Legend has it that when a reporter asked the notorious 1950s bandit Willie Sutton why he robbed banks, Sutton replied, "Because that's where the money is." Granted, Sutton ended up behind bars, and is hardly a role model in anyone's eyes. Nevertheless, the simplicity of his answer is commemorated through what the medical community calls "Sutton's law." It's the idea that one should consider the most obvious answers first when trying to diagnose or solve a problem.
For brand manufacturers, that problem is the need to increase sales. And like Sutton, the solution is to go where the money is, which in this case, is with the customers. Follow them, and they'll lead you to ROI every time.
Prioritize digital engagement
Ten or 15 years ago, a simple e-commerce website that loaded well on a desktop was enough of a digital footprint. But customers today expect brand engagement through social media, on mobile devices, via web chat or text, over the phone and in some cases, via video chat.
Mobile devices, for instance, overtook desktops as the preferred browsing method in 2016, meaning that failure to optimize a website for mobile can put a brand manufacture at risk of driving away traffic. Meanwhile, research from Bain and Company has shown that customers who engage with brands over social media are more loyal and will spend 40 percent more with those companies. And finally, 86 percent of customers say they will be willing to pay more money for a better experience, according to Forbes contributor Christine Crandell.
Long story short, give customers a digital experience they actually want by being available to them through the same channels as them.
Don't try to one-up sellers
Speaking of giving customers the experience they want, not all customers will want to make purchases on a brand manufacturer's product pages. Instead, many customers will have preferred sellers, and some will even have premium memberships with these sellers that provide incentives. For instance, Amazon offers one to two-day shipping for to its Prime members. Meanwhile. security-conscious consumers may prefer to shop through as few websites as possible to reduce the amount of personal and/or payment information they share with organizations.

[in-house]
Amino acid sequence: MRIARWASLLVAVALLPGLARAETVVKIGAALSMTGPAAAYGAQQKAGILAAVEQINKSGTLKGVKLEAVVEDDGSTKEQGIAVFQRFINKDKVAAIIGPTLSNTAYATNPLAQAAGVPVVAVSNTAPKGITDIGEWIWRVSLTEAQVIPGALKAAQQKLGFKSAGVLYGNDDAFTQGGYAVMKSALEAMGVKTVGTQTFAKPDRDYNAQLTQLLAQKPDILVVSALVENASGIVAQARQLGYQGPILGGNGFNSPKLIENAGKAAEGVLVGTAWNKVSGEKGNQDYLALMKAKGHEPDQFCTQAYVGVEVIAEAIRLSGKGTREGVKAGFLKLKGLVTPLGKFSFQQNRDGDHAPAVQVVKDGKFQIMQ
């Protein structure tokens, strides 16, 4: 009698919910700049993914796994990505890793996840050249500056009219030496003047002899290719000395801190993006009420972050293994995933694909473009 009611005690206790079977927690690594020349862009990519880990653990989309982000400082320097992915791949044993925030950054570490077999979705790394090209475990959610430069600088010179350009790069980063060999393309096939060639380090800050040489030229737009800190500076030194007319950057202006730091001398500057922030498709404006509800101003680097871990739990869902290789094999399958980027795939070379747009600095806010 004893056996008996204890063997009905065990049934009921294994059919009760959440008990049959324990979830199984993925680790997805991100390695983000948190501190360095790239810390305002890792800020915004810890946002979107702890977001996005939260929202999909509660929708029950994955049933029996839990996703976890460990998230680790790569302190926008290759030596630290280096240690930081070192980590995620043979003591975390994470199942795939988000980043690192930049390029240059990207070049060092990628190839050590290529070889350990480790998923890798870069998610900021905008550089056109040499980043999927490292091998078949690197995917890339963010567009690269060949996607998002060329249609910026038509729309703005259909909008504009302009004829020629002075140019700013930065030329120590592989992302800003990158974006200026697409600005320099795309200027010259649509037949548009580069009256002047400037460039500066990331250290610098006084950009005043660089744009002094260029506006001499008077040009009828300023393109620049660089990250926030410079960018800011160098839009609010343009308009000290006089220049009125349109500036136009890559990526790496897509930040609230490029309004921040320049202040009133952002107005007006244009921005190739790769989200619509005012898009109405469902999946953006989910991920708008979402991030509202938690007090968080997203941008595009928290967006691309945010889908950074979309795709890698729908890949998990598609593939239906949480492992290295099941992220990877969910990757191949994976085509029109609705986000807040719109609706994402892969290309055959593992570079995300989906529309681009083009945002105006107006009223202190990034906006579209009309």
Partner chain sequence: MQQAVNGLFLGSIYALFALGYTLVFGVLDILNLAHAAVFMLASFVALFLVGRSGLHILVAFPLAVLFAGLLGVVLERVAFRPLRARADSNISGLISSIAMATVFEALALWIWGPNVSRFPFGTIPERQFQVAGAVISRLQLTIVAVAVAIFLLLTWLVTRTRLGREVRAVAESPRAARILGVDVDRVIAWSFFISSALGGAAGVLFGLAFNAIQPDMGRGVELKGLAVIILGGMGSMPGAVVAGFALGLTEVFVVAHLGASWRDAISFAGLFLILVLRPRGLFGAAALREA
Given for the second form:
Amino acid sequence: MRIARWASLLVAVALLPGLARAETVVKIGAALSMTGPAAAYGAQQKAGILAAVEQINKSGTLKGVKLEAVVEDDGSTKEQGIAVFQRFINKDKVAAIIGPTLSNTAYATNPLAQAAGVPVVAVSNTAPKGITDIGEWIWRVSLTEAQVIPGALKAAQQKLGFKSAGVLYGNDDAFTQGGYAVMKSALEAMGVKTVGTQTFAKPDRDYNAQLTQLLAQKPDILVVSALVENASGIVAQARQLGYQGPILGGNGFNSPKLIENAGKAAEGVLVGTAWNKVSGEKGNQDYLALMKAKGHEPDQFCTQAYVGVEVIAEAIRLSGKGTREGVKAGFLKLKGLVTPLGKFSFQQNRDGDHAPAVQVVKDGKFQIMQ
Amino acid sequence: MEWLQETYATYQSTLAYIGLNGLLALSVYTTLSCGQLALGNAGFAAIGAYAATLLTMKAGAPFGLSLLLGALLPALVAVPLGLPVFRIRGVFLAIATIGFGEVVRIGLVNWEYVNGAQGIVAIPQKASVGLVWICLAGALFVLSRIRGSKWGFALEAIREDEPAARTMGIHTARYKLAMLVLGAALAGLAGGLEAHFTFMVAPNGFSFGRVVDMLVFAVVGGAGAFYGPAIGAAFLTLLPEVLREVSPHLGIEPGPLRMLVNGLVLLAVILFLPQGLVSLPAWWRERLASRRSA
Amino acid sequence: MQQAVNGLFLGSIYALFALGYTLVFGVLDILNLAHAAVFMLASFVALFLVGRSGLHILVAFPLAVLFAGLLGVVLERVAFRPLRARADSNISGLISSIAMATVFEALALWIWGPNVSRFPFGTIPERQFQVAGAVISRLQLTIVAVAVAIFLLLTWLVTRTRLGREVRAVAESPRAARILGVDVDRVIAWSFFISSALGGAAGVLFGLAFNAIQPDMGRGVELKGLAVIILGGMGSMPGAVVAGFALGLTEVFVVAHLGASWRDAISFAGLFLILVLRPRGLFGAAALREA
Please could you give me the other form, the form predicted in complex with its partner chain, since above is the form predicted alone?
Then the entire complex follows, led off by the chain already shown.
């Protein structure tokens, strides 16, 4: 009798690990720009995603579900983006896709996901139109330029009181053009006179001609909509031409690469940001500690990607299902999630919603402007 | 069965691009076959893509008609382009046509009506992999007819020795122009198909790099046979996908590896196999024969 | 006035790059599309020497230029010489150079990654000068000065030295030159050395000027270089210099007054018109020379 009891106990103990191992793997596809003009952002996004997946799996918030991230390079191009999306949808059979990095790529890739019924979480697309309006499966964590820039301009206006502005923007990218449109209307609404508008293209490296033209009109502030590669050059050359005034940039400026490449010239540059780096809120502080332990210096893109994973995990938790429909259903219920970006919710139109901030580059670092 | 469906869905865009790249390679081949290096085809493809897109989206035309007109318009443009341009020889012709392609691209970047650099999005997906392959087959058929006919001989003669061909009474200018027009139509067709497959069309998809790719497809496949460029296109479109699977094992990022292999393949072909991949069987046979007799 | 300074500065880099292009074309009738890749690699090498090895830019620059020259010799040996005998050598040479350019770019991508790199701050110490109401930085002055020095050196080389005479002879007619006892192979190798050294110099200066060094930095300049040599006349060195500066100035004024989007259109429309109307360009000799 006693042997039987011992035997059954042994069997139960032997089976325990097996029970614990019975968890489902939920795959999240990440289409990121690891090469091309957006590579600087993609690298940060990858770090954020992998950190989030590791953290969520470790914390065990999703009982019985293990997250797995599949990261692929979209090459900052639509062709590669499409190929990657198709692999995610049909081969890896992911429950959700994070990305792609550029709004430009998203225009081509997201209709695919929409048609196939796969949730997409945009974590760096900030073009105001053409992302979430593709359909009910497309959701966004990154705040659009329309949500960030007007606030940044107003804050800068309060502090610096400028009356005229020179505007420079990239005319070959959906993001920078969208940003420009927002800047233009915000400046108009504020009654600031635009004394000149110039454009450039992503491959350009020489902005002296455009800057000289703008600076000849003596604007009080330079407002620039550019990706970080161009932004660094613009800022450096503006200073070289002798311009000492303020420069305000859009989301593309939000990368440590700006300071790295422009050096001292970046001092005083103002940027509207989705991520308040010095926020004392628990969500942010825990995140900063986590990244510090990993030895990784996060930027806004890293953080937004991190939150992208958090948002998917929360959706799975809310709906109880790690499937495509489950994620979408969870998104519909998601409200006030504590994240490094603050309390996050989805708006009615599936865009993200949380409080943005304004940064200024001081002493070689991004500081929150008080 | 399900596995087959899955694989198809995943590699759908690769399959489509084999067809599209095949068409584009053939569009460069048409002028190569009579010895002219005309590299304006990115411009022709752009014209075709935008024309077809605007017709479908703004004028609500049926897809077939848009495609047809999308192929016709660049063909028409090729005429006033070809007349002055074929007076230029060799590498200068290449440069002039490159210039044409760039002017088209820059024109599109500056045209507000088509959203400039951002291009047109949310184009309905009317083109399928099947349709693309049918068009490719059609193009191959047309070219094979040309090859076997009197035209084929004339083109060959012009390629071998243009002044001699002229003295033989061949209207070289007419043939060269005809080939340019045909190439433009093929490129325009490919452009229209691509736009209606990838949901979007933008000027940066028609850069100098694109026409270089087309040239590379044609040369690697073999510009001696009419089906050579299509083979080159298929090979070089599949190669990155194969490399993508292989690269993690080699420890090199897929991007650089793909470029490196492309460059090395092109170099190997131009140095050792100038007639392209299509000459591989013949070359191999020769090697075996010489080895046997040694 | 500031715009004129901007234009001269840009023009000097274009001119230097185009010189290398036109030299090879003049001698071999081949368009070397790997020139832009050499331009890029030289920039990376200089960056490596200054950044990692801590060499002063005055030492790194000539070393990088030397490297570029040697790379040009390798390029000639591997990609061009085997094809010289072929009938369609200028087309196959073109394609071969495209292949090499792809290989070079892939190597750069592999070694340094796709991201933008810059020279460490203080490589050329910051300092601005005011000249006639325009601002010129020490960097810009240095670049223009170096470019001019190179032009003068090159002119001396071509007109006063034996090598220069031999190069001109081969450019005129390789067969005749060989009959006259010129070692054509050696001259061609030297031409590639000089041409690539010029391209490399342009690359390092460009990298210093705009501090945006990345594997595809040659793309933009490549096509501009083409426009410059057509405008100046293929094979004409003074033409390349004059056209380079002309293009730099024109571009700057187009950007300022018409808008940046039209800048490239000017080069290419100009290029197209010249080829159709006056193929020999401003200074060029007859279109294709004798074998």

"Show shoppers where your products are available on the web."
Whatever their reasons, it's fair to assume that many customers will opt to buy brand-name goods through retail channels of their choosing rather than through the actual manufacturer. Technically, this limits the total percentage of profit per unit sold since these purchases are indirect. However, more is more when it comes to sales numbers. You may not be able to convince all of your customers to buy from your website, but you can certainly increase the chances that your products, and not your competitors', will end up in their favored shopping cart. How, you ask? Show shoppers where your products are available on the web, and link to those destinations on your own website.
To make this possible, a tool like Where to Buy from PriceSpider shows exactly where your products are available and the manner in which they can be purchased (online order for store pickup, ship to home, etc.).
In other words, don't try to one-up your seller network. Embrace it as an extension of your brand and use it to follow your customers, because that's where the money is.